Like almost every country in the world, the United States of America was also strongly hit by the Covid-19, leaving more than 0.57 million US people dead. The pandemic erupted in the country in January 2020 and has affected about 32.3 million people so far. During this traumatic period of almost more than 12 months, 3,600 health workers lost their lives while battling against the Covid-19.
Immigrant Doctors against Covid-19
Immigrant health workers build more than 17% of the total healthcare professionals in the US. They have been on the front lines in the US’ fight against the pandemic. These immigrant health workers were joined by physicians who weren’t born in the US, and they build almost 29% of total physicians in the country.
Besides them, 32% of total physicians in the US are international medical graduates (IMGs), who got their medical education from schools outside the US. These IMGs – majorly coming from countries including Pakistan, China, India, South Korea, and the Philippines – have been playing a key role in delivering healthcare services in the US for decades.
During the COVID-19 pandemic, immigrant physicians including the foreign-graduated unlicensed healthcare workers were employed to help contain the spread of the virus and to care for Covid-19 patients, as the US was facing an acute shortage of healthcare professionals because of the surging nationwide.
For instance, in April 2020, when Covid-19 was at full spin across the US,New Jersey Governor, Mr. Phil Murphy, sanctioned an executive order to issue temporary licenses to foreign-trained healthcare workers. This executive order made it compulsory for immigrant healthcare workers to put their lives on the line and help fight the Covid-19.
Keeping in view the intensity and destruction caused by the Covid-19, many health practitioners showed reluctance to join nursing homes in the US, as they were afraid of catching the coronavirus themselves. However, immigrant clinicians didn’t shy away and jumped in after getting temporary licenses and tested people and healthcare professionals for the Covid-19.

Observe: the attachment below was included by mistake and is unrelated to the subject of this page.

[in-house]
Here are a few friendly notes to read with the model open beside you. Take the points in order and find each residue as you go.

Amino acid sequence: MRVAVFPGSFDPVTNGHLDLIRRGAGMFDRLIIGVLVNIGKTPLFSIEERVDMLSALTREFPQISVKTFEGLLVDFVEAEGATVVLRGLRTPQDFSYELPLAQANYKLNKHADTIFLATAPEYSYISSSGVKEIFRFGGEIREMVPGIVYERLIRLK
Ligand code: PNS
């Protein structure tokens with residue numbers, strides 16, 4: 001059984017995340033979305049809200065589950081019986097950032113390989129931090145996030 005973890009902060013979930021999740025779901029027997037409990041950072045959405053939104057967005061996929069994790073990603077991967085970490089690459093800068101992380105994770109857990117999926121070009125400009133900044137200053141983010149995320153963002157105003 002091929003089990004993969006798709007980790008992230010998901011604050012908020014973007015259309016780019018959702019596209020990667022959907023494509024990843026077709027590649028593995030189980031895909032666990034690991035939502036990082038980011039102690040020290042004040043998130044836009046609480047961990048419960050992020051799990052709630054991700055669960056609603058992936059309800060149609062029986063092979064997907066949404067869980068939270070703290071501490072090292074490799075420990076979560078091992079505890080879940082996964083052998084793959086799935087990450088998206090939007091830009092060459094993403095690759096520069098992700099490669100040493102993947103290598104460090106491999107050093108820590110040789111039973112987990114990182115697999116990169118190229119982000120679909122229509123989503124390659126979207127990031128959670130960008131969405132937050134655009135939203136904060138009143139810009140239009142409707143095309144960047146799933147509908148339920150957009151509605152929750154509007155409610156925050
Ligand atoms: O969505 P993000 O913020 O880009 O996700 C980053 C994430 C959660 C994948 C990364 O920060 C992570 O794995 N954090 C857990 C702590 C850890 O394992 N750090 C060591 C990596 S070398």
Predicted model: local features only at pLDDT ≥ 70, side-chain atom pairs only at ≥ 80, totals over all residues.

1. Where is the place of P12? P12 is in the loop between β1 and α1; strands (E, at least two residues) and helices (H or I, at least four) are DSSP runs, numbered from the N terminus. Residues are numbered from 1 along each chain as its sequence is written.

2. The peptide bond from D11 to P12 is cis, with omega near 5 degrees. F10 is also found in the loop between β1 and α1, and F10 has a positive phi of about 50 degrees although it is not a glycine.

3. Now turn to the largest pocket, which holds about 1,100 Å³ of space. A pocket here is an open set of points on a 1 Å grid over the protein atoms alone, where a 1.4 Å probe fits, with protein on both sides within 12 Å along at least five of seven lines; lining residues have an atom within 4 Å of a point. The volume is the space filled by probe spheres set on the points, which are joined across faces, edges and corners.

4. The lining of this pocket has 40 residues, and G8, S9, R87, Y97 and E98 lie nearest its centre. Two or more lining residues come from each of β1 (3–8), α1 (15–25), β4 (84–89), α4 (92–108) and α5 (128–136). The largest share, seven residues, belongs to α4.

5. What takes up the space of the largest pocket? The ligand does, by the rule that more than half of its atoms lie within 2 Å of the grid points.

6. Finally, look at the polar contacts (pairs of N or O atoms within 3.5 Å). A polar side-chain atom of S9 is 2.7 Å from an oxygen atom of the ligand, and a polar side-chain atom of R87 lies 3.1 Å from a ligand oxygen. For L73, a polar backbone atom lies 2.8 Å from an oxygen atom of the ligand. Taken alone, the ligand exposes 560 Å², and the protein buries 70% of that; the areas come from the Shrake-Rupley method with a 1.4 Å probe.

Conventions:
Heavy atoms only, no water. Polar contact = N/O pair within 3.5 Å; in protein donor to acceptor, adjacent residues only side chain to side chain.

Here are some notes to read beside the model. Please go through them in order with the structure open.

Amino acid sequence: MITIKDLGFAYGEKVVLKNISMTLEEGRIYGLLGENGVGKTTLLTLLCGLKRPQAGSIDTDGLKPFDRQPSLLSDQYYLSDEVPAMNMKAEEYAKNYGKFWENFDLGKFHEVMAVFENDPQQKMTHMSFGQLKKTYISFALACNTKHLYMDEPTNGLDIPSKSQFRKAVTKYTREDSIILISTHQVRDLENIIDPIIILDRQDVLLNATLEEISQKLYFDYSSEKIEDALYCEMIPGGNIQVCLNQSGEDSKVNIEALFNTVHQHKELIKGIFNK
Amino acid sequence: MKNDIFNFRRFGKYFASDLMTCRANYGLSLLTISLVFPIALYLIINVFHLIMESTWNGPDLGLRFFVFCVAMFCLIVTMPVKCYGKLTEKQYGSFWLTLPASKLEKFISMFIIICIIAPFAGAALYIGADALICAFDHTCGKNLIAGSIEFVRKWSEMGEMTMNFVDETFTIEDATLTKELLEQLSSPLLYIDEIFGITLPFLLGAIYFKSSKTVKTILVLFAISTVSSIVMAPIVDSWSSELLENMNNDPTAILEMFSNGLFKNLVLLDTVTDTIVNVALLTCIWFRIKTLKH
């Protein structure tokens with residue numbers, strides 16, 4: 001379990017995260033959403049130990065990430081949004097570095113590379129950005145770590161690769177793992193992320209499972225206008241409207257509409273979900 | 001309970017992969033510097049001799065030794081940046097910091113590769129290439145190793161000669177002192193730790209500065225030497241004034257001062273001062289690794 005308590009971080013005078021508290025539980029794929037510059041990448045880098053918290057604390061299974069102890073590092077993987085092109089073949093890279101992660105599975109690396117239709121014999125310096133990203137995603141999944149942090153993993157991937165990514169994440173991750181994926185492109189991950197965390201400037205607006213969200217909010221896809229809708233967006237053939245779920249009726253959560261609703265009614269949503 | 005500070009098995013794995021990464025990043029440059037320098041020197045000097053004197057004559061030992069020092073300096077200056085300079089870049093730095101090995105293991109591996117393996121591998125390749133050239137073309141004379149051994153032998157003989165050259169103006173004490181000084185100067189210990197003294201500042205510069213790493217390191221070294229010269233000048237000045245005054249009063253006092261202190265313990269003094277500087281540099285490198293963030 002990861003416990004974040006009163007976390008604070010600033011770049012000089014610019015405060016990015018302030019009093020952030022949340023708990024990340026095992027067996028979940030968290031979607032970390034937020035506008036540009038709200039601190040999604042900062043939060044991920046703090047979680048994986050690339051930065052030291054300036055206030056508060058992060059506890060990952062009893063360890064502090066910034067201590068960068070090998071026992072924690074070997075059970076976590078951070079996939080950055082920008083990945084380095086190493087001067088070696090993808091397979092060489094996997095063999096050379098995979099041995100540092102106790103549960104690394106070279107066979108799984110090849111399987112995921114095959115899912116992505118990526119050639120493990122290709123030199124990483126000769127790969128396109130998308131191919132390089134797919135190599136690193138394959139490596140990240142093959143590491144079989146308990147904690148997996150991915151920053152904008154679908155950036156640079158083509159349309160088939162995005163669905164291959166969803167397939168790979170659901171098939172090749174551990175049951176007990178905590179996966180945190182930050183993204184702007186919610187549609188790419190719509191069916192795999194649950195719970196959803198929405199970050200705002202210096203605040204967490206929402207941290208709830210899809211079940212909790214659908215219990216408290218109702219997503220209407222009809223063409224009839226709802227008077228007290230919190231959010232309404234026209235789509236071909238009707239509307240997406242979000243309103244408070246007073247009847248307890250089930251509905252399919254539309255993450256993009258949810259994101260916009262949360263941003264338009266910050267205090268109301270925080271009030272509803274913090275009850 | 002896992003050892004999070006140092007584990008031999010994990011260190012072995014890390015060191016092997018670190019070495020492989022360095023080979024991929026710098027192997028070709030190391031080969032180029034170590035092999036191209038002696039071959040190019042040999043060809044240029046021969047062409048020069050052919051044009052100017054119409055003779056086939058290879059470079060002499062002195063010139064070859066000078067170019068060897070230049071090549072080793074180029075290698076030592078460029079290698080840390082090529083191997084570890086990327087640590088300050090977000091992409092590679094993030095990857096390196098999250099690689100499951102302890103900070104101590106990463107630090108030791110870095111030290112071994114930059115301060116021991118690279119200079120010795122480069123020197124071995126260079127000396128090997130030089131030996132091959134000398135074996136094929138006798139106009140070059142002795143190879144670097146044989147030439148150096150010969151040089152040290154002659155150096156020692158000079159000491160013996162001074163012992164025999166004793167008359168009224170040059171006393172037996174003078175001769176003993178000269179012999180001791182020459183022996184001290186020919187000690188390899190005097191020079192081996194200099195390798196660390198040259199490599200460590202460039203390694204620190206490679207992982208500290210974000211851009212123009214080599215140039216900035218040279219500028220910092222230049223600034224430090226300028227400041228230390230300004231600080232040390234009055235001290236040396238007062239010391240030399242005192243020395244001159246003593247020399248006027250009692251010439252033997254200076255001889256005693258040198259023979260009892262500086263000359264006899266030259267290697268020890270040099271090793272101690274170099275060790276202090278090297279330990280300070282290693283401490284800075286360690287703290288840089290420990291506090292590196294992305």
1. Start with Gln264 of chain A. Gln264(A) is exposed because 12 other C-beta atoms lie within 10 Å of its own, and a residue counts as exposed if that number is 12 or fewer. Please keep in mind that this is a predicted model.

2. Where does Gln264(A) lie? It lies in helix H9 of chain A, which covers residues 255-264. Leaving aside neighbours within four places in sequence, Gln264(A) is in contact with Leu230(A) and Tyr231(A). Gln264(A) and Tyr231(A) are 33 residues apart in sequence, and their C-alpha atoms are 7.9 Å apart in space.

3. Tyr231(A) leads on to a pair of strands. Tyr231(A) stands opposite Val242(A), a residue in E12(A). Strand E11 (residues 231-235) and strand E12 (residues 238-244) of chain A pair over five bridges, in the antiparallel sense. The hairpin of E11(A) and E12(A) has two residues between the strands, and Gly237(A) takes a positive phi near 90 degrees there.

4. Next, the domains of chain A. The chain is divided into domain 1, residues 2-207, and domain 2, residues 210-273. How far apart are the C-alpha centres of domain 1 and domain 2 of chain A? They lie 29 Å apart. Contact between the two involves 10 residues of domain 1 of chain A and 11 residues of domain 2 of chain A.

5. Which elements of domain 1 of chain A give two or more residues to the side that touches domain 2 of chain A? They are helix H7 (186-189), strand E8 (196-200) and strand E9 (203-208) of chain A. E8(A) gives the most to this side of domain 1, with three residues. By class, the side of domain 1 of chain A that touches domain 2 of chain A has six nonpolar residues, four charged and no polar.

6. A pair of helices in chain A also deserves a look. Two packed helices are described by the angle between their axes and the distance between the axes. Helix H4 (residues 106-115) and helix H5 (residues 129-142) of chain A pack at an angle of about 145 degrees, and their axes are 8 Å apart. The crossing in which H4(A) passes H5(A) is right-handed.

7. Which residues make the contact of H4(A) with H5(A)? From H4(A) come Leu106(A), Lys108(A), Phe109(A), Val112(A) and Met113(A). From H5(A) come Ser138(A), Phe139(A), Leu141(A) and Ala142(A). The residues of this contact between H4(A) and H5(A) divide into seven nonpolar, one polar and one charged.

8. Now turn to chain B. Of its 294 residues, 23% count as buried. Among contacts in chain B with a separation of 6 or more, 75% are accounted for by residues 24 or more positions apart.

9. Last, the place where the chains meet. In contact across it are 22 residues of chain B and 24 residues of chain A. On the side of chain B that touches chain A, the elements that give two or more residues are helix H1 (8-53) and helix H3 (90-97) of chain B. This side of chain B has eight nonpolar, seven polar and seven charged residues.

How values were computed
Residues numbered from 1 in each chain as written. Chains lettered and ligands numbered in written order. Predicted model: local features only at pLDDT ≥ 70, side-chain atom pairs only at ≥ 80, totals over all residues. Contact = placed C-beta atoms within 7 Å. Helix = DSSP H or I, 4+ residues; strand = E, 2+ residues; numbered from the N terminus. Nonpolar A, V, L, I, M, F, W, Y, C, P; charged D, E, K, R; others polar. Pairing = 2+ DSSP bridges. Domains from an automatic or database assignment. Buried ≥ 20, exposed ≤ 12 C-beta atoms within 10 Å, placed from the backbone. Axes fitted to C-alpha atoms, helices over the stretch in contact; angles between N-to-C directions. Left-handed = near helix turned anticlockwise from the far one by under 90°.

They weren’t oblivious of how deadly the Covid-19 was, especially in the hospitals and nursing homes. Resultantly, more than a third of 3,600 healthcare workers, who succumbed to the Covid-19 in the US, were immigrants.
What did immigrant physicians get in return?
The immigrant healthcare workers on visas, who are still fighting the COVID-19 from the front line, are left helpless by the US as they can’t even safeguard their loved ones from the health hazards due to their ineligibility for Social Security benefits or Medicaid.
One can get an idea about the cruel and unjust treatment meted out to the immigrant doctors at the hands of the US government that if an immigrant physician, living in the US on an employer-based visa sponsorship, gets ill while fighting the Covid-19, the state will give them no benefits at all to fall back on.
The state doesn’t care that these immigrant physicians, who put their lives, and the lives of their loved ones at stake, contribute to the national economy by paying taxes just like the US citizens. The law doesn’t allow them and their families to stay in the US legally if their employment or health is jeopardized.
For example, after the expiry of the Governor’s executive order in New Jersey in February 2021, all the immigrant physicians were deprived of the ability and right to work as qualified physicians. They were abandoned just like a used tissue paper, and are now facing unemployment or doing low-paying jobs. Currently, there are more than 65,000 unlicensed IMGs in the US, who aren’t issued licenses even after proving themselves in the fight against Covid-19. Does this prove that a medical license in the US is nothing but a business to mint money from foreign-qualified professionals?